countries with high nominal rates is one reason some countries—like Turkey—have found creative ways to limit the fiscal cost of reserves. Turkey allows its banks to borrow from abroad and place the borrowed foreign currency on deposit at the central to meet the banks domestic reserve requirement (the Reserve Option Mechanism). 2) The cost of holding reserves conversely isn’t much of a constraint in “savings glut” countries with low domestic interest rates. Taiwan for example. That is one reason why reserves are a ridiculously high level relative to GDP (about 80 percent of GDP). Or Switzerland. The Swiss National Bank is taking tremendous amounts of foreign exchange risk (so there would be large capital gains or losses from moves in the franc-euro exchange rate, or given the composition of its reserves, in the dollar-euro exchange rate), but its actual interest bill isn’t a constraint. Negative rates on sterilization instruments and positive rates on Treasuries should result in positive carry. The fiscal cost of holding reserves also isn’t a constraint in Japan, though Japan hasn’t been intervening recently. The Ministry of Finance funds its reserves with essentially zero rate notes. The “carry” on reserves is one reason why Japan’s government is actually, according to the IMF, receiving more in interest income than it pays out of interest on its debt.* 3) The cost of holdings reserves did not prove to be a constraint on China either, back in the pre-global crisis days when China really was intervening at a rapid clip to block appreciation of the yuan. China’s reserve to GDP ratio rose from around 15 percent of GDP (2000) to around 50 percent of GDP in 2007 (if you counted all of China’s shadow reserves in 2007 and 2008). China’s fiscal cost though was limited by China’s relatively large stock of base money. Base money is a zero interest rate loan to the central bank, it is very cheap funding. And it was further limited by China’s ability to shift the costs onto the backing system: China stopped selling expensive sterilization bills, and instead sterilized by raising the required reserve ratio in the banks. And the rate of remuneration on the reserves was kept low. Other countries no doubt have used the same trick. Arguably China’s ability to in effect limit the government’s sterilization costs by taxing the banks through an at best partially remunerated reserve requirement did have a long term cost. After the crisis, shadow banking developed in part as a way around the reserve requirement tax. Wealth management products mimicked deposits, but weren’t subject to the reserve requirement (or the cap on deposit interest rates). But that is a different story. Bottom line: sterilization costs are real, but in important cases, they aren’t a binding constraint that can be relied on to limit intervention. Particularly now, with U.S. Treasury yields moving up.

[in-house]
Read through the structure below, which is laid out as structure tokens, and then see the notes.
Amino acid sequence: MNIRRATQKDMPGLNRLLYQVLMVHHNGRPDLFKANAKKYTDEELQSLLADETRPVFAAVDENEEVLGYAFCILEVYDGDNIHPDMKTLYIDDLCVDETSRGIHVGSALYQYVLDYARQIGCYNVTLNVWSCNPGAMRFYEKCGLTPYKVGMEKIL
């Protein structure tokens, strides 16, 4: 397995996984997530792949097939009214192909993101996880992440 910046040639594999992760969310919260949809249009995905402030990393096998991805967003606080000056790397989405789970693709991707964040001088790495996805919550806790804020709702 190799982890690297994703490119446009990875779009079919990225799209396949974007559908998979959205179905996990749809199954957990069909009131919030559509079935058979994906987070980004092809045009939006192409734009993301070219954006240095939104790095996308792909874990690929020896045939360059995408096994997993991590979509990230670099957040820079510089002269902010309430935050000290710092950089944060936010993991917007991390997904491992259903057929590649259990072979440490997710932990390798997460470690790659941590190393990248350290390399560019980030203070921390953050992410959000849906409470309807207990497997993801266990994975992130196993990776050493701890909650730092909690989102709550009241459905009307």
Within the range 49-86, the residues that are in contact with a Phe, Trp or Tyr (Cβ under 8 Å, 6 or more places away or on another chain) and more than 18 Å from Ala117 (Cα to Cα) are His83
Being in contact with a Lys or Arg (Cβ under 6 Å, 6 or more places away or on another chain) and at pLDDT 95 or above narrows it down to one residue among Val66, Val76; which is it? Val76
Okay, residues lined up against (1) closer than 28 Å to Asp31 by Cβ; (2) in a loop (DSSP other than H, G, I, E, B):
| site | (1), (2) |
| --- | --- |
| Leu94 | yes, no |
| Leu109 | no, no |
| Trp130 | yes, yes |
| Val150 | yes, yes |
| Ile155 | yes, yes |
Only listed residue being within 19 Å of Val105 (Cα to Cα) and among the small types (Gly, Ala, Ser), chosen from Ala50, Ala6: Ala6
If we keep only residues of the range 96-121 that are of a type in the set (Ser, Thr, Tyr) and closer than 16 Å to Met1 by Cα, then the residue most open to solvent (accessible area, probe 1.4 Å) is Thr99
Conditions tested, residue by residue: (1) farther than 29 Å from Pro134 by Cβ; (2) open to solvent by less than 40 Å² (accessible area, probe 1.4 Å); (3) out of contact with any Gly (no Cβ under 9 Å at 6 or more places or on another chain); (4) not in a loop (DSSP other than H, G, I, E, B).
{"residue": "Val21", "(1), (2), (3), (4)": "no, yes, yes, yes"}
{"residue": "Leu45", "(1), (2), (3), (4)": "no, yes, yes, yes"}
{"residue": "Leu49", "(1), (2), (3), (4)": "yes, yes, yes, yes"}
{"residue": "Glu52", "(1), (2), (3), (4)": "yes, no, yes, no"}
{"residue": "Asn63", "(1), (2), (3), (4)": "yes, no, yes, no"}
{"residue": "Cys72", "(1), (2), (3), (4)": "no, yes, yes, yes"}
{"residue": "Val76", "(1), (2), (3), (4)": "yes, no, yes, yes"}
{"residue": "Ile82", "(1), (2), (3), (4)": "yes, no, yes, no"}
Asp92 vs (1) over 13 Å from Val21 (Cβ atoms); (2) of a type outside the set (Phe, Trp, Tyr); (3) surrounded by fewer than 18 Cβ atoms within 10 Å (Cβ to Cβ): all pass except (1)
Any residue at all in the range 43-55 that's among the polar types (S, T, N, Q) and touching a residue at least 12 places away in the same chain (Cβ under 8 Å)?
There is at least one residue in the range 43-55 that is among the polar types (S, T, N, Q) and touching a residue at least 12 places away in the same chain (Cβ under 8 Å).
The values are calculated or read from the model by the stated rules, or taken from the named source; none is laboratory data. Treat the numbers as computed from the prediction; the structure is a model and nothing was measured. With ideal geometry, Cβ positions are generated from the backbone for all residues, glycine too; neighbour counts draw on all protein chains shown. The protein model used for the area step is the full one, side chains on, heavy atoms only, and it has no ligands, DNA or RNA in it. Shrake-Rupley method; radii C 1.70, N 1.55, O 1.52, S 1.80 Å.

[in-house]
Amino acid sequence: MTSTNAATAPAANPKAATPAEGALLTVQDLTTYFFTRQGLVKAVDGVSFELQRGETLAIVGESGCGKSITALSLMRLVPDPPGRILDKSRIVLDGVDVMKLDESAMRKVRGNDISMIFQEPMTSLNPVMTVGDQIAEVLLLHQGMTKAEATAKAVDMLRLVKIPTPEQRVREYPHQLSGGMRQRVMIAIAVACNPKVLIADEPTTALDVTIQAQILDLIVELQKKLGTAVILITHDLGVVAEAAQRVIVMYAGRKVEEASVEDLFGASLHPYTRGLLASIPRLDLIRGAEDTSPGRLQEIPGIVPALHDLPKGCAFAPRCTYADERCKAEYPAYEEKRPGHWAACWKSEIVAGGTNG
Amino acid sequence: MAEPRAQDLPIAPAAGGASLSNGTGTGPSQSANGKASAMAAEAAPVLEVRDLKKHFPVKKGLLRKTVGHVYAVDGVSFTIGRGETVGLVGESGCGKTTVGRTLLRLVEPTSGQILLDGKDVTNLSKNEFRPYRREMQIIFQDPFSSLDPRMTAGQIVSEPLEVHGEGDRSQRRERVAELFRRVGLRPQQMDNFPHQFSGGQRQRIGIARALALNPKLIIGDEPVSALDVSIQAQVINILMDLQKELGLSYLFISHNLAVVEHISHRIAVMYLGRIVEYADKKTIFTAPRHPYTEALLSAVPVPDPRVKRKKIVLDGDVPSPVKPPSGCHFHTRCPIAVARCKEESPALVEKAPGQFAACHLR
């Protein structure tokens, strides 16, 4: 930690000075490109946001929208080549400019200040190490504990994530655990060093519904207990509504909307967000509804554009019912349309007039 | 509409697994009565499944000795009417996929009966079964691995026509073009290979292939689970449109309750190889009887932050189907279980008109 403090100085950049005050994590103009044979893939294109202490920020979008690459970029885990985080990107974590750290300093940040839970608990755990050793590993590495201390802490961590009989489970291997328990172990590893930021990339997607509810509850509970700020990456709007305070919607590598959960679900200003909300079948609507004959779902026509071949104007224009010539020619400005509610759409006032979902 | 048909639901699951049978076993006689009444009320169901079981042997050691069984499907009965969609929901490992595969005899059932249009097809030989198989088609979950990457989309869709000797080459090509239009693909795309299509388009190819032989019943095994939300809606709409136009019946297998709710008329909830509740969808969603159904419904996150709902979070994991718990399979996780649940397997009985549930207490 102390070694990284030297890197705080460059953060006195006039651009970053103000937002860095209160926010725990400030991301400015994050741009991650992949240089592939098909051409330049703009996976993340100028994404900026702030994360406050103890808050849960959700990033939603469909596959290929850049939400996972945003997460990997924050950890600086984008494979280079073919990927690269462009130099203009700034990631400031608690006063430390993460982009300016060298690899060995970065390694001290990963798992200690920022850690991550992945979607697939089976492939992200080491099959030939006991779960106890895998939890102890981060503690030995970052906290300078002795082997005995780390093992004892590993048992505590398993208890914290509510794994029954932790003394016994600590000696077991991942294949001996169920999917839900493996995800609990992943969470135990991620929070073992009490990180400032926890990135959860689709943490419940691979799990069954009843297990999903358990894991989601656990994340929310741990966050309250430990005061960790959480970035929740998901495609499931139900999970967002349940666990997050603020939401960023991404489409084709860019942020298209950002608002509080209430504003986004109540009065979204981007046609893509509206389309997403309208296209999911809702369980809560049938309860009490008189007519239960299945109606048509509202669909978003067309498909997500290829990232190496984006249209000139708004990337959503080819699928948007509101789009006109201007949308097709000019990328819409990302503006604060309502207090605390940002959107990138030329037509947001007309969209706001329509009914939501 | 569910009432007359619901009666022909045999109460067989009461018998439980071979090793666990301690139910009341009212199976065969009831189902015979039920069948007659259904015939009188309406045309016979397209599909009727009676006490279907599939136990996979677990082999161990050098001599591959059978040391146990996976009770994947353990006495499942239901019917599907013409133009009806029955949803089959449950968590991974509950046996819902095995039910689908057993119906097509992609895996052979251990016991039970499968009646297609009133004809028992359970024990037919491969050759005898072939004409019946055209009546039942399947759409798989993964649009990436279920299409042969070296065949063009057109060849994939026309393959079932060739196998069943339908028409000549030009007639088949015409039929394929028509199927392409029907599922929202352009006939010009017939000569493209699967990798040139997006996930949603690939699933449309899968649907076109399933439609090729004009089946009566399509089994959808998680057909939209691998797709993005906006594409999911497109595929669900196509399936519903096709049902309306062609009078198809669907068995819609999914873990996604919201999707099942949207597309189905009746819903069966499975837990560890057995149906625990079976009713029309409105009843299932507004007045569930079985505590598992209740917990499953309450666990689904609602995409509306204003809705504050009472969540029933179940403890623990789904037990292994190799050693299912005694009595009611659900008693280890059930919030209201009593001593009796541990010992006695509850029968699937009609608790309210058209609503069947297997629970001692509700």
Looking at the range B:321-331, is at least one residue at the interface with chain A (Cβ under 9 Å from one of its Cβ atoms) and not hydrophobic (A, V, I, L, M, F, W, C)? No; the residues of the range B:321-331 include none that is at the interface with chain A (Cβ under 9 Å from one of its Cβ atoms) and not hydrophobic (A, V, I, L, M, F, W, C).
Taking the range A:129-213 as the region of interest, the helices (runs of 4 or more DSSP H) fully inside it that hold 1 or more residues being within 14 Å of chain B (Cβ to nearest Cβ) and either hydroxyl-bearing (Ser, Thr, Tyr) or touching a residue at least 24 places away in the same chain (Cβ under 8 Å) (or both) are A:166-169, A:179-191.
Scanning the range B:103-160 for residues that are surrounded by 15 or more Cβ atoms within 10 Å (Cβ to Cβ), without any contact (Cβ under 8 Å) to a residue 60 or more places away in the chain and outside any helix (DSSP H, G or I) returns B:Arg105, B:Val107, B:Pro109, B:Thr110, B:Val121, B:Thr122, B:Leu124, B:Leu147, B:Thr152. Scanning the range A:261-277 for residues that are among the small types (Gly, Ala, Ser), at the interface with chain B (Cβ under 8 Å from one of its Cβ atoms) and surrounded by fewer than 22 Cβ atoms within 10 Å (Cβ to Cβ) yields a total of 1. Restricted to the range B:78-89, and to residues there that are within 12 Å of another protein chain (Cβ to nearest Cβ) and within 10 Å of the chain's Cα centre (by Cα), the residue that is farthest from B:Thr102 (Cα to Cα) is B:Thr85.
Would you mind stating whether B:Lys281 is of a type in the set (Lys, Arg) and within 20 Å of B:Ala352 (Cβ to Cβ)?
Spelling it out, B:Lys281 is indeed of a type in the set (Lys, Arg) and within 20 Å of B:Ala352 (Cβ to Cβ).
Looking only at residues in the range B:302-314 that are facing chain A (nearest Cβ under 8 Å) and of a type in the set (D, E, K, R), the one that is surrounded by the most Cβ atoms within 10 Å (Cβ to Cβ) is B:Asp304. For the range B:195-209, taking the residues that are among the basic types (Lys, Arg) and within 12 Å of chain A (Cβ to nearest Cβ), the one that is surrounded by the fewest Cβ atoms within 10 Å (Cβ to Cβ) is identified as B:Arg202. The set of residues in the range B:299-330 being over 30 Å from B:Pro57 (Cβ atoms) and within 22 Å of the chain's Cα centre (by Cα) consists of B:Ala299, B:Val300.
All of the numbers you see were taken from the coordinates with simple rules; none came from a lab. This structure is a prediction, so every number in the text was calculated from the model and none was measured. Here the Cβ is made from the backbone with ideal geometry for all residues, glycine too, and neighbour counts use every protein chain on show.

- Countries with large reserve portfolios like Switzerland and Taiwan can also try to raise the return on the reserve portfolio by taking on a bit of credit risk, or putting a portion of their reserves into equities. Not all of their reserves need to be invested in liquid Treasuries and bunds — as they clearly hold far more reserves than are needed to provide a foreign exchange liquidity buffer.
** Korea is an interesting case. Won rates aren’t so high that funding a foreign currency book is particularly expensive, but also aren’t so low that there is no cost.